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What should I prioritize as a one-person business?

Solo founders should prioritize the activities that will drive their businesses forward while balancing their health, wealth, and relationships.

Cashflow should always be a priority for founders as it impacts mood, stress, confidence, and ability to execute.

Given that, it’s key to understand that people face different lifestyle challenges.

I’ve provided 3 solutions that relate to 3 different lifestyle scenarios:

  1. You’re a full-time employee and your business is a side-hustle.
  2. You’re working on your business full-time but cashflow is short.
  3. You’re waiting for your product to be built.

Scroll down to find the answer that best matches your situation!

1. Full-Time Employees with Side-Hustles

Who You Are:

You have a salary position working for a company that is not your own. You earn income through wages on a full-time basis. You are able to support yourself in your current financial position.

What Your Challenges Are:

You can’t make sales calls between 9:00AM and 5:00PM. You can’t offer your services during work hours.

Recommended Priorities:

Get a website up and develop content in your evenings. Build a community and put some of your spare dollars into ads. Start building your sales list of companies you want to work with or partner with.

How to Transition Away from Your Job:

When the time comes to switch from a full-time job to your own business, you’ll want to take as little time as possible to transition.

By having a website with content and a community, you’ll have accomplished 2 things: (1) developing your brand, and (2) knowing enough about your audience that you can speak to them with confidence.

Use your knowledge of their interests and goals to prepare a plan for selling products, services, and partnering. When you leave your job, you want to have that list of 1,000 companies to contact, partner with, or sell to.

The actual act of leaving is going to be awkward and stressful. Here’s how I suggest you approach it:

  • Talk about it. I’ve been working on this project, I see potential for it, I want to pursue this further.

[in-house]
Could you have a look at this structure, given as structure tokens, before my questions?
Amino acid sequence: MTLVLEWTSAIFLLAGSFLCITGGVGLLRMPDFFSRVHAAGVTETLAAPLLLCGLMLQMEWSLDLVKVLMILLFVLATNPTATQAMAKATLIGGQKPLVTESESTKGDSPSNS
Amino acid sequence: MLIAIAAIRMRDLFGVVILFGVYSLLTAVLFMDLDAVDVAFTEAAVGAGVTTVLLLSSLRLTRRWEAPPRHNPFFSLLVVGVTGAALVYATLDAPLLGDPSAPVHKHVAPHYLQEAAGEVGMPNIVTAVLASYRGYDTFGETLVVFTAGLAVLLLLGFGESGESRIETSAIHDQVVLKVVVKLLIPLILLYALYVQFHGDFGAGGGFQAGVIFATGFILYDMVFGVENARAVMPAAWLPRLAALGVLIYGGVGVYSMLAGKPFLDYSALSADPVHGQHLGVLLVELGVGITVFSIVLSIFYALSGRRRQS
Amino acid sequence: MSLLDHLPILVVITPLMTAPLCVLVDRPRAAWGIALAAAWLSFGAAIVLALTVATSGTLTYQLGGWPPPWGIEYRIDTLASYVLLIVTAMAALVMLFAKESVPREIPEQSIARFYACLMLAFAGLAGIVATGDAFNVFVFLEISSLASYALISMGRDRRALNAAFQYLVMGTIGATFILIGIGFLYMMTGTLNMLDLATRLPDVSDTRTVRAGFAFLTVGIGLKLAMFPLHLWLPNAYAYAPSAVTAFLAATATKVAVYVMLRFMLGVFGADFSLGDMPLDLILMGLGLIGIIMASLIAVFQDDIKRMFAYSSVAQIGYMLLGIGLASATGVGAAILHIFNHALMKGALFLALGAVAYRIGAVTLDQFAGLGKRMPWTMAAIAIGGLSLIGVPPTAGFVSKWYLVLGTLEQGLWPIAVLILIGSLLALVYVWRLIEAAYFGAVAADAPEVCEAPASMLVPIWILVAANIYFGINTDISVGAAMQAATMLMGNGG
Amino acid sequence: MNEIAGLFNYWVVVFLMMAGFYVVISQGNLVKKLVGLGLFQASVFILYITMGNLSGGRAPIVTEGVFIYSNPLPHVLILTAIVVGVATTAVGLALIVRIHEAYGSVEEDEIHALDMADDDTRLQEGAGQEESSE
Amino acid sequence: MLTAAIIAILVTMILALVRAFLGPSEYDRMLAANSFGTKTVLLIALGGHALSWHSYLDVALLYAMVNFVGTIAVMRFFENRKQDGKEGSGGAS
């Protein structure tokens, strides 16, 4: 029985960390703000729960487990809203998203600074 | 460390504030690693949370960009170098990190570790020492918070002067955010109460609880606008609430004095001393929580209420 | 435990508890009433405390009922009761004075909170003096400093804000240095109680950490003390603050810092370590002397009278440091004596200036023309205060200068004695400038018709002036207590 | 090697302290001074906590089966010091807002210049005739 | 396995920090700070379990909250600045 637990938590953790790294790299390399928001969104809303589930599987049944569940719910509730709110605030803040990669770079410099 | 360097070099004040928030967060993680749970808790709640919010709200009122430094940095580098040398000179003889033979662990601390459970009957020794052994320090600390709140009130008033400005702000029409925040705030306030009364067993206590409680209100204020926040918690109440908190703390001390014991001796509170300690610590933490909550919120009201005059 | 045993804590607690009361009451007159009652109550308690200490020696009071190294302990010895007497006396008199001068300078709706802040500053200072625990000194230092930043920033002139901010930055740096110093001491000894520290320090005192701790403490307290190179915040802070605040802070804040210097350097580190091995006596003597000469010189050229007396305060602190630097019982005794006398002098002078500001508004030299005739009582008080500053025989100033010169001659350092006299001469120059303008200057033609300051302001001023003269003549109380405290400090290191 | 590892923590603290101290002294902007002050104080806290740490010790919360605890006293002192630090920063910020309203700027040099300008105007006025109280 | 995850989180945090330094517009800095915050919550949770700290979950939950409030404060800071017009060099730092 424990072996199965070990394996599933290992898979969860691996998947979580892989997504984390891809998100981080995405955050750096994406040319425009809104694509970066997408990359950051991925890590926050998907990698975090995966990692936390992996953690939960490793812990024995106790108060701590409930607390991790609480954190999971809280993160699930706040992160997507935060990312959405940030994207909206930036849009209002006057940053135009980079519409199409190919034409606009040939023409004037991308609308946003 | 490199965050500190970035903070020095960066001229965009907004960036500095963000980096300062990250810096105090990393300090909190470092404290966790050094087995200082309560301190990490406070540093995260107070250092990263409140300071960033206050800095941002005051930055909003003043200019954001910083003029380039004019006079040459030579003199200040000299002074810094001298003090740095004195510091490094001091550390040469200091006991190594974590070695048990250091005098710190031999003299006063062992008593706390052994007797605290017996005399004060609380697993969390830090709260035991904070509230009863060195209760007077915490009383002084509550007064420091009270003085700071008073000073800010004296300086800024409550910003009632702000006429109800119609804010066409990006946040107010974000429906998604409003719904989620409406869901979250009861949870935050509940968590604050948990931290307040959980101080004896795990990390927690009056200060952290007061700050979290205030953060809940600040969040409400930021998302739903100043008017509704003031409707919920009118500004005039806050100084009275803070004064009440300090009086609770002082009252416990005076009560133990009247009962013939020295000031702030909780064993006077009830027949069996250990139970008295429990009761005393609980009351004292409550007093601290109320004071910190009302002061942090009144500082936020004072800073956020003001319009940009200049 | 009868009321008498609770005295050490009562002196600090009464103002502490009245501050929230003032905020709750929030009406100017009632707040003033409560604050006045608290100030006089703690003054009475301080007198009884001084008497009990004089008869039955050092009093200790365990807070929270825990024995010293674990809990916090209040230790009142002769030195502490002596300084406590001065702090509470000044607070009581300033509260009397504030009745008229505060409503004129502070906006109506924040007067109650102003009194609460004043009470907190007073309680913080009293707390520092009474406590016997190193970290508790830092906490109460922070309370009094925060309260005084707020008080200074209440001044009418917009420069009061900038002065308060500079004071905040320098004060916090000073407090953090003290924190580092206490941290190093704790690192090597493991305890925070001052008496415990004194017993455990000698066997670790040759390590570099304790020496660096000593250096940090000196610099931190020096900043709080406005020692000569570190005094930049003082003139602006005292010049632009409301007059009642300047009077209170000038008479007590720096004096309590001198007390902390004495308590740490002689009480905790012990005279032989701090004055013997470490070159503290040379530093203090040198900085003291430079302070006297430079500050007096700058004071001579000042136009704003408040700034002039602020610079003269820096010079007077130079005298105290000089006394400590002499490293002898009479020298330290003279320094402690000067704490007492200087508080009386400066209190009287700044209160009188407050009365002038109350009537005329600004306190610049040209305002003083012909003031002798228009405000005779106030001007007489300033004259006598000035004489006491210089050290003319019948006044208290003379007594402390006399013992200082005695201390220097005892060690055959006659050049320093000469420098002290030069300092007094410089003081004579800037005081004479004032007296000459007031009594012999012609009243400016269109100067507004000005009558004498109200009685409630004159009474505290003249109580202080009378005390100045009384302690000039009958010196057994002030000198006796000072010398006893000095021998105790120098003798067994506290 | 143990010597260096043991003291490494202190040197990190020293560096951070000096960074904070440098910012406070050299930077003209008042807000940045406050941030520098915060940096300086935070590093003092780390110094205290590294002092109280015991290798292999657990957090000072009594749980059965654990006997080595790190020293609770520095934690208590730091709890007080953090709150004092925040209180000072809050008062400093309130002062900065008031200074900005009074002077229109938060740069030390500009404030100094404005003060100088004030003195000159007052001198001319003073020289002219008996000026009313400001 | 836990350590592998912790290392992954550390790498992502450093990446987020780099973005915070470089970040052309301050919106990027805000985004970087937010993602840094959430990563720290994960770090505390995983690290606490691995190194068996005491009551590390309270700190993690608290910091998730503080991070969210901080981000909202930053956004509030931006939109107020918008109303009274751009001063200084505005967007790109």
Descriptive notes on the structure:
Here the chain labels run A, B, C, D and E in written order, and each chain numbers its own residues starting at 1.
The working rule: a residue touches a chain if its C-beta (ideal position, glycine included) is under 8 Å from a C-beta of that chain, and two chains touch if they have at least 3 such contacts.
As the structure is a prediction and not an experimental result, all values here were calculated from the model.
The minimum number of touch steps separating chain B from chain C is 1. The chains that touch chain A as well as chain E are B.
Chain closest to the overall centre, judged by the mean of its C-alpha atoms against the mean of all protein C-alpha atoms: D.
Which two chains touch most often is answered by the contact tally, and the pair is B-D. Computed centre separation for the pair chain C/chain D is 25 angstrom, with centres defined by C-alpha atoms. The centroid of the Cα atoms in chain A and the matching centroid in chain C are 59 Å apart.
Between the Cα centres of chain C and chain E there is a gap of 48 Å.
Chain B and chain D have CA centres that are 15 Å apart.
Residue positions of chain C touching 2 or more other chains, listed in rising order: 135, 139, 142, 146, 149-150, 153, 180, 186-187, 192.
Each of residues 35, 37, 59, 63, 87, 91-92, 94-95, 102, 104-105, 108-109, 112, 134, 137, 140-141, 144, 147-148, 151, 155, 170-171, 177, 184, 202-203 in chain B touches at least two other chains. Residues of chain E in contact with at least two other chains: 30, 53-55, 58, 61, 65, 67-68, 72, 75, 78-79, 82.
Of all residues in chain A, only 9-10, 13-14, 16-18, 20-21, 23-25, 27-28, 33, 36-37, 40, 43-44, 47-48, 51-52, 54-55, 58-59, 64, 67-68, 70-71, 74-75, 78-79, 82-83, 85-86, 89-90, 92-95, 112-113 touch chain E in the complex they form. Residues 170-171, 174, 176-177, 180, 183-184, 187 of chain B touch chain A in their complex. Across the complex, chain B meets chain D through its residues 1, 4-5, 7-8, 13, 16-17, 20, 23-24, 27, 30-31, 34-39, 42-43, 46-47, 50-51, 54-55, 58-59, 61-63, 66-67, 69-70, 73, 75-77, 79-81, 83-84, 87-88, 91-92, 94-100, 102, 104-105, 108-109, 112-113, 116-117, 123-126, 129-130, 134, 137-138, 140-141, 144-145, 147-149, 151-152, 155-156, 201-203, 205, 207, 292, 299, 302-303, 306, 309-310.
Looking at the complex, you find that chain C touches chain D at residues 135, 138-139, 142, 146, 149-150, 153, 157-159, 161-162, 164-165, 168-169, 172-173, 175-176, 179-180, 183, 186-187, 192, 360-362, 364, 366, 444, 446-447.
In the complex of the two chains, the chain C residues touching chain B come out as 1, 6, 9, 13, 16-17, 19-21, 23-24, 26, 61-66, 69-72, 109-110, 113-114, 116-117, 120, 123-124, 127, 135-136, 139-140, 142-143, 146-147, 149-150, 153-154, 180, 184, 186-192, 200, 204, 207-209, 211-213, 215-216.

• Offer Transitioning Support. See if there’s a scenario where you can adjust your role to help you transition into a consulting arrangement.
  • Submit a Letter of Resignation. These are meant to be brief. Tell your employer you’re leaving and as per your contract you will be leaving after x weeks.

Leaving isn’t easy, but believe me you will feel relieved!

2. Working Full-Time on Your Business with Short Cashflow

Who You Are:

You work in the thick of day-to-day operations building your company. You are under a lot of stress and aren’t bringing in enough revenue. You work for yourself, but struggle to meet your lifestyle needs (rent, car, phone, etc).

What Your Challenges Are:

You’re doing a lot of inbound marketing, but aren’t seeing return as fast as you’d like. You’re spending on ads, but they aren’t converting well. You’re questioning whether or not you should try offering different products/services.

Recommended Priorities:

Build a list of companies you can partner with and form strategic partnerships. Start applying to speaking events and hosting your own. Build your sales list and work prospects.

About Strategic Partnerships

Forming strategic partnerships is wise. Consider a new marketing agency. They might consider partnering with existing consulting company to provide services for their clients. The consultant takes a piece off the top, but the clients are shared to the agency. Suddenly the agency goes from 1 client to 12 clients.

With your new fancy partnership and cashflow, start building your outbound sales operation and inbound marketing operation. Despite having a strategic partner, you won’t want to place all your eggs in one basket. If they fold or walk away, you’re done.

Diversify risk and use the cashflow you earn to invest in sustainable operations for your business.

Heads Up: Inbound marketing can take 1-3 years to pay off. If you have the cash to start it ASAP, do it. Otherwise you’ll start 3 years later and have lost that time.

3. You’re Waiting for Your Product to be Built

Who You Are:

A non-technical founder waiting for your technology product or website to be built by a third party. A CEO whose co-founder is deep into development and you’re feeling under-utilized.

What Your Challenges Are:

You don’t have a product to sell yet. You’re not sure what you should be doing in the meantime.

Recommended Priorities:

Fundraise through Investment – go on the hunt finding investors.

Fundraise through Programs – sift through government programs to find financing incentives.

Fundraise through Services – offer a relevant service that’s adjacent to your product’s market.

Create content that drives awareness of your industry.

Create content that drives awareness of your product pain/solution.

Gather testimonials from people you’ve worked with.

Acquire certifications that build trust and authority.

Essentially you’re going to need money, a community, and social proof that you and your business are serious about selling your solution.

There are number of ways you can achieve these items, but however way you cut it, you’re going to need them.

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